Scottish tech company makes waves in California with first international contract
31 Jan 2019
Glasgow-based proptech company arbnco has secured its first international contract after signing a partnership agreement with the University of California, Davis (UC Davis). Beginning in January 2019, UC Davis will trial arbnco technology to identify energy saving opportunities and improve air quality in indoor working environments for staff and students.
It comes as the company also announces the opening of its first US office in Detroit in January 2019, with a second office set to open in California early this year, as it targets the States as its first major export country.
UC Davis will deploy two of arbnco’s proprietary software solutions to enable it to identify energy and cost savings in buildings, and understand indoor air quality conditions in offices and classrooms. The adoption of its technologies will be the first US market test for arbnco, and will help the company develop its software for further deployment across America.
Founded in 2012, arbnco develops technology solutions to transform the built environment, helping to enhance energy performance, improve sustainability and reduce carbon outputs in commercial and public sector real estate. Its UK industry partners include Nuveen Real Estate and Mitsubishi Electric R&D Centre Europe BV (MERCE-UK).The partnership with UC Davis will build on arbnco’s research capabilities and expand its existing academic network, having conducted numerous research projects in partnership with the University of Strathclyde.
A world leading research and teaching institution, UC Davis is one of ten University of California campuses. Established in 1905, it now has over 36,000 students across its 7,309 acre campus. Through its Energy and Efficiency Institute (EEI) which is committed to developing sustainable energy solutions, UC Davis has established itself as a leader in the field of energy research, education and engagement.
arbnco set its sights on the US market after participating in an energy trade mission to New York in 2018, led by Scottish Development International. Maureen Eisbrenner, Co-founder CEO & Chairman of arbnco, said:
“This is a really exciting time for arbnco, and for Scottish innovation more generally, as we begin to translate our UK success into the US market. Globally, 236 billion USD was spent on improving energy efficiency in 2017, and 59% of that was in the buildings sector, so the opportunity for arbnco is huge both in the US and the rest of the world.
“UC Davis is renowned for being a leader in energy research, and is forging the way amongst US academic institutions when it comes to developing and implementing efficient, sustainable energy solutions. Alongside our research partnership with the University of Strathclyde, we are bringing together some of the finest minds in the field to overcome some major global challenges regarding energy efficiency.”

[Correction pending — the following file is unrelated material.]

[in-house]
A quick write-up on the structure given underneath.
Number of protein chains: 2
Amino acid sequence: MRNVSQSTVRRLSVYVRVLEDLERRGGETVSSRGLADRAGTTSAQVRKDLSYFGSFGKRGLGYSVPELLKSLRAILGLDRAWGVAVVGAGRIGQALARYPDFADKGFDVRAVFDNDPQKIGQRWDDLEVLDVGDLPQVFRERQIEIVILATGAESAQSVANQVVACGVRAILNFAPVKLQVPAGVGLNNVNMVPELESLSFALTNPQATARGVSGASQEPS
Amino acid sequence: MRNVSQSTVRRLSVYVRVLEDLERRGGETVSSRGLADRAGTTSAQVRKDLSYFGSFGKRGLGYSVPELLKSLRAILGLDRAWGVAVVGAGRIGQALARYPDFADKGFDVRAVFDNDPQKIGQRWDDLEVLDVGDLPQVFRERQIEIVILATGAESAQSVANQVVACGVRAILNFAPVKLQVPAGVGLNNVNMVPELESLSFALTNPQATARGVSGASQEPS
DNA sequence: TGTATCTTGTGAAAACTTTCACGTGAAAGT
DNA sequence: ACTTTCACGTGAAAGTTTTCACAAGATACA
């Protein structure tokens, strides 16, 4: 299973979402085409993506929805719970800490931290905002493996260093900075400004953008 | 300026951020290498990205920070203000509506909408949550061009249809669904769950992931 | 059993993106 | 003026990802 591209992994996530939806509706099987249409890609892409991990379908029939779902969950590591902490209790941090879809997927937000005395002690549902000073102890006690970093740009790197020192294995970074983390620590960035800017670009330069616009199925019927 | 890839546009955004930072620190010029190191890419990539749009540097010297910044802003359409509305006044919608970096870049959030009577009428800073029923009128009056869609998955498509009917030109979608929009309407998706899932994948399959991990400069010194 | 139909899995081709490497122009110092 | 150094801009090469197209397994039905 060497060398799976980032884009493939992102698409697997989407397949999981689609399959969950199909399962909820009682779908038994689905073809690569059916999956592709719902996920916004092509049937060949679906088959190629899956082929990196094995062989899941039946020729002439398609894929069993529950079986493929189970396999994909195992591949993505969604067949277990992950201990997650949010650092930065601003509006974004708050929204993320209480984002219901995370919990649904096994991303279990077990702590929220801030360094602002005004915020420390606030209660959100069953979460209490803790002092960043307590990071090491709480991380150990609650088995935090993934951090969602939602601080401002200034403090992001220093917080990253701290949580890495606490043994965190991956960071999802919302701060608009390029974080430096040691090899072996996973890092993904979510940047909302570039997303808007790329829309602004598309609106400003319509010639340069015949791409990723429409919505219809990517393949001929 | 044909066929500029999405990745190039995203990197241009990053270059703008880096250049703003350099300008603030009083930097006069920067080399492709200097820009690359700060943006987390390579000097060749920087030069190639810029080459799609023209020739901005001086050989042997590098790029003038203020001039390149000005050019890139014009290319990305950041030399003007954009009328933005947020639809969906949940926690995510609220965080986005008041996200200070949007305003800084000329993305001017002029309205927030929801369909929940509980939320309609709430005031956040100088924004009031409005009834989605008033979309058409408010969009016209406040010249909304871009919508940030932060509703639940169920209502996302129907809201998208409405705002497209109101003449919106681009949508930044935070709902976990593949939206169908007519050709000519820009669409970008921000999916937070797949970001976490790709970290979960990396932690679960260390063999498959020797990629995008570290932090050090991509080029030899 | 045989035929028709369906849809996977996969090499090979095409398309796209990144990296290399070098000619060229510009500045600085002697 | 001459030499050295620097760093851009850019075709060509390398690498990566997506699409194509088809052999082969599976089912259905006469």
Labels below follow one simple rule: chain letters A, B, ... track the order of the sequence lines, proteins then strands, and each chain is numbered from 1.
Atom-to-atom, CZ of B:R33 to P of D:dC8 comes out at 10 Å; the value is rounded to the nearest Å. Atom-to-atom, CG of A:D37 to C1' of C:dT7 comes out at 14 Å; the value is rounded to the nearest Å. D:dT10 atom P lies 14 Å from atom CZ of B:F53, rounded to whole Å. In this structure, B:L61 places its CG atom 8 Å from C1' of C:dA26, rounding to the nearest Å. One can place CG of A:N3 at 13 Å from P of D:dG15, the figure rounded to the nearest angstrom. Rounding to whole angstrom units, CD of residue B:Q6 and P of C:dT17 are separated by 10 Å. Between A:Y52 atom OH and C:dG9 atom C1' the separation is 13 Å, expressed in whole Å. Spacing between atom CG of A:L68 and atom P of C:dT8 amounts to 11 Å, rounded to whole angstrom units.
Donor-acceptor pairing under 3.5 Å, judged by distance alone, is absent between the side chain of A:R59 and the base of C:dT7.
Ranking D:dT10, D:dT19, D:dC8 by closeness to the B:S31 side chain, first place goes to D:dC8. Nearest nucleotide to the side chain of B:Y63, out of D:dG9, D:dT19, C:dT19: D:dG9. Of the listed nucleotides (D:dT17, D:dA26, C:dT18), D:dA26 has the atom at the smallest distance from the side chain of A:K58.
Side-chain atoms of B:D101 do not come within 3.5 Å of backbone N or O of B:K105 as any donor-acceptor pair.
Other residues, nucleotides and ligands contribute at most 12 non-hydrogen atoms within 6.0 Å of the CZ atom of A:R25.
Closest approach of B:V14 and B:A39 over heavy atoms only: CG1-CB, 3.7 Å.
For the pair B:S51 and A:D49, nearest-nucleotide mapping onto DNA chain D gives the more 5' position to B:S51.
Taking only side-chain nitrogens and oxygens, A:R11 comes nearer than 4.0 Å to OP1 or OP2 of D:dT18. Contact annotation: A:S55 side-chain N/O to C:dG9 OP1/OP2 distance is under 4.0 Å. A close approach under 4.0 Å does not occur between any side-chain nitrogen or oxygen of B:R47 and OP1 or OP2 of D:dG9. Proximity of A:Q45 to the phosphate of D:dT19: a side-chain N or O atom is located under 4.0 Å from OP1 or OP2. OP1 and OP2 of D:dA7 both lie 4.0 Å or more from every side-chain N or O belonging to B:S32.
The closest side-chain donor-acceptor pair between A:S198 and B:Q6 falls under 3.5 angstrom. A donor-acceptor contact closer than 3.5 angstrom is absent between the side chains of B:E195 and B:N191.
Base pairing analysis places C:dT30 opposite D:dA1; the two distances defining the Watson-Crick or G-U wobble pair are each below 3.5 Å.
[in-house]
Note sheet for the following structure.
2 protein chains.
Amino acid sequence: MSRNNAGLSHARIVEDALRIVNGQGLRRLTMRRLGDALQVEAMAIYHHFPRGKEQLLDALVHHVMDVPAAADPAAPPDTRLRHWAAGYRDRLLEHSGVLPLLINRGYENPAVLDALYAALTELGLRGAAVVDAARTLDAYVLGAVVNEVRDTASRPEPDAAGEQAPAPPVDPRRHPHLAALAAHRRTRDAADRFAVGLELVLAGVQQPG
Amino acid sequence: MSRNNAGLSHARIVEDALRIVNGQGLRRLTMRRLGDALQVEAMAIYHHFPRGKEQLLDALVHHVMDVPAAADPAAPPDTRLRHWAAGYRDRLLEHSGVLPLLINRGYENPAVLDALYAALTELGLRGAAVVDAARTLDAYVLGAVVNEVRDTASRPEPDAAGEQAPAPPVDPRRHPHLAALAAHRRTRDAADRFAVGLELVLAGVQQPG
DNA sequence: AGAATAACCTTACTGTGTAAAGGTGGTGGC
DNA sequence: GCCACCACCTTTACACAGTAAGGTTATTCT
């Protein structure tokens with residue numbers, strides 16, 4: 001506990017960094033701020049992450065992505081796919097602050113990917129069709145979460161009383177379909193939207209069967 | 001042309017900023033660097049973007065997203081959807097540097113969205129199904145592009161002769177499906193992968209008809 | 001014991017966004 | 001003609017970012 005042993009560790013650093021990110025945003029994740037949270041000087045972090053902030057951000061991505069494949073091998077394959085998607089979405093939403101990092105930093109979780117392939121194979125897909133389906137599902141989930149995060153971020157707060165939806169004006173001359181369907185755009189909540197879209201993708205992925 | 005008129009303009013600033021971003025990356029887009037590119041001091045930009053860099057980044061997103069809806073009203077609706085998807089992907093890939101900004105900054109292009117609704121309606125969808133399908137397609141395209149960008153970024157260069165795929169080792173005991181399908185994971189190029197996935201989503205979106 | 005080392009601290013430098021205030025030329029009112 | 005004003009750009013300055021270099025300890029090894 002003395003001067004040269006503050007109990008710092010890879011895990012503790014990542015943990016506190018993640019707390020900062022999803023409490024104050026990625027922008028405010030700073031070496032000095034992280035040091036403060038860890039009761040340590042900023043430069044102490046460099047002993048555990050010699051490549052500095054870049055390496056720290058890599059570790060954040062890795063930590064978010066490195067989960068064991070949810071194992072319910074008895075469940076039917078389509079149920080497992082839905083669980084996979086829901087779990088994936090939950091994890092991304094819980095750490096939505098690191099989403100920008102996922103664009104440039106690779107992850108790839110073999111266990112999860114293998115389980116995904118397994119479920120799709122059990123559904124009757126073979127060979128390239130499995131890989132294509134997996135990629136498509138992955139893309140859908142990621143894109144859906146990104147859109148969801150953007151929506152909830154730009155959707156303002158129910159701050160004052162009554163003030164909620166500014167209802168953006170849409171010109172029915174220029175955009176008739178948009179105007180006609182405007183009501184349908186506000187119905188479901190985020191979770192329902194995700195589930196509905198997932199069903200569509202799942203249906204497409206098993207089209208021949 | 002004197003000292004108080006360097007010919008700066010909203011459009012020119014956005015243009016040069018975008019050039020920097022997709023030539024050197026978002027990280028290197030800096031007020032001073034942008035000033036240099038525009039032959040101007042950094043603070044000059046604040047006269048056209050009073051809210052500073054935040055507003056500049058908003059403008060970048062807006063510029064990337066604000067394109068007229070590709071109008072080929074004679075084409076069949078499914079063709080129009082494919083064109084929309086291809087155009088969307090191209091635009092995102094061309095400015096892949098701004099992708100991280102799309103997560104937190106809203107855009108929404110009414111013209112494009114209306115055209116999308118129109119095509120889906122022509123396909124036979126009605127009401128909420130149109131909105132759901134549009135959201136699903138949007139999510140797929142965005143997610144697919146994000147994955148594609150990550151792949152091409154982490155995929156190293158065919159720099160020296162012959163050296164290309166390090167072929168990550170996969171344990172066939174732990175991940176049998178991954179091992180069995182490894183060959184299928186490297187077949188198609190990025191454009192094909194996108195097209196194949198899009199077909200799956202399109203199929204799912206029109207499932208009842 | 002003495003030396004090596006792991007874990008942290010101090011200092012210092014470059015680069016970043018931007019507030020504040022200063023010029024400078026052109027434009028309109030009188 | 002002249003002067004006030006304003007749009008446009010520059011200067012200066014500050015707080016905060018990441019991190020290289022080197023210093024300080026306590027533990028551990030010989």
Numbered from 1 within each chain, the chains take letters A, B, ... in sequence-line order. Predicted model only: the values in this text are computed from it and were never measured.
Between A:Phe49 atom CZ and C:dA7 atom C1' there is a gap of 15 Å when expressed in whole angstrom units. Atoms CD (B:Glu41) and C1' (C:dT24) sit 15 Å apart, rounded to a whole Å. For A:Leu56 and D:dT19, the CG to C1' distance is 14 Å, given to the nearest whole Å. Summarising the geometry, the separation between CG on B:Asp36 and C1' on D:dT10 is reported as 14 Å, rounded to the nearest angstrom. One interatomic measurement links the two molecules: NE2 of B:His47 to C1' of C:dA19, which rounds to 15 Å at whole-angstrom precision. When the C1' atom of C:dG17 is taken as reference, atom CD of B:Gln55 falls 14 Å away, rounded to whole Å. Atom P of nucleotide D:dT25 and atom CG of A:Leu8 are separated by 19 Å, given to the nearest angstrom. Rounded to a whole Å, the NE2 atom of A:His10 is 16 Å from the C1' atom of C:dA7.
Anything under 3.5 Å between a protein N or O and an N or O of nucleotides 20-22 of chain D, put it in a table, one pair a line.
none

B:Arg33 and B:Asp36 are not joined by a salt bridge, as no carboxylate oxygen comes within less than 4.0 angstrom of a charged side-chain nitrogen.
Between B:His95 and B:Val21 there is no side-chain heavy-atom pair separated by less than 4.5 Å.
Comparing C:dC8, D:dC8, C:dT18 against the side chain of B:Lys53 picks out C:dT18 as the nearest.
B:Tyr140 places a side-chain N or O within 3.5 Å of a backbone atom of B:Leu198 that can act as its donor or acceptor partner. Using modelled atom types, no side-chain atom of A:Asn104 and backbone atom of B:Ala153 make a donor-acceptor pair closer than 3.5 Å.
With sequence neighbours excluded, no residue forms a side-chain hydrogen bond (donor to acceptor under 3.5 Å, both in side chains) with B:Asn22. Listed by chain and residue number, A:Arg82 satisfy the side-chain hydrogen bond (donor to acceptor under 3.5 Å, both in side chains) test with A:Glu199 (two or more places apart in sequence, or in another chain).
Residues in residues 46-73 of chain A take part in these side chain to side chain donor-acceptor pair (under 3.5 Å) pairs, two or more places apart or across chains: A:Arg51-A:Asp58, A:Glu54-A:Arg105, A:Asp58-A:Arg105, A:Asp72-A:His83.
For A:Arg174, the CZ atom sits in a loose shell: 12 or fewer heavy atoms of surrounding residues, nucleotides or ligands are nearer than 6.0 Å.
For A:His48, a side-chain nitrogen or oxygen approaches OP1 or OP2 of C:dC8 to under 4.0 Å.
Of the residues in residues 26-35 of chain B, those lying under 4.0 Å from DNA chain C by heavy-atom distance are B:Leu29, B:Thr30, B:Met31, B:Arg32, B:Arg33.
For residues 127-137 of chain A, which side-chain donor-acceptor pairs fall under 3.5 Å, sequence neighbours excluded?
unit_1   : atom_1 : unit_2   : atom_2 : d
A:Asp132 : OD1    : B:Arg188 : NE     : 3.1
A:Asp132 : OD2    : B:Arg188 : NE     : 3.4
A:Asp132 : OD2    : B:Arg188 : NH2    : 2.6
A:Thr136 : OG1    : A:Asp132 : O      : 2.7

In the first of several projects involving arbnco, the company’s software will be utilised by UC Davis as part of a pilot programme funded by the US Office of Naval Research. The software will first analyse the data gathered from energy audits of the University’s buildings, and generate automatic reports that identify opportunities for energy and cost savings, as well as recommend retrofit solutions.
If successful, the programme will then lead to a demonstration on a local navy installation, with the eventual aim of reducing the US Navy’s energy use across its facilities. Ultimately, there is significant potential for arbnco’s software to be utilised more widely by other branches of the US military and the US Department of Defence.
A second project will focus on the impact the air quality within the University’s indoor learning environments has on the health and wellbeing of students, following research which associates inadequate ventilation rates in classrooms with increased illness absence and reduced student performance.
UC Davis will adopt arbnco’s sensor technology which links indoor environmental data to human feedback, to determine the optimum levels of comfort for students and staff. The development of this technology was the result of a research project conducted with the University of Strathclyde and funded by Construction Scotland Innovation Centre.
Mark Modera, director ofthe Energy and Efficiency Institute at UC Davis, said: “We are excited to partner with arbnco. Together we will reduce energy use and greenhouse gas emissions in critical sectors, and improve the health and wellbeing of students, staff, and faculty.”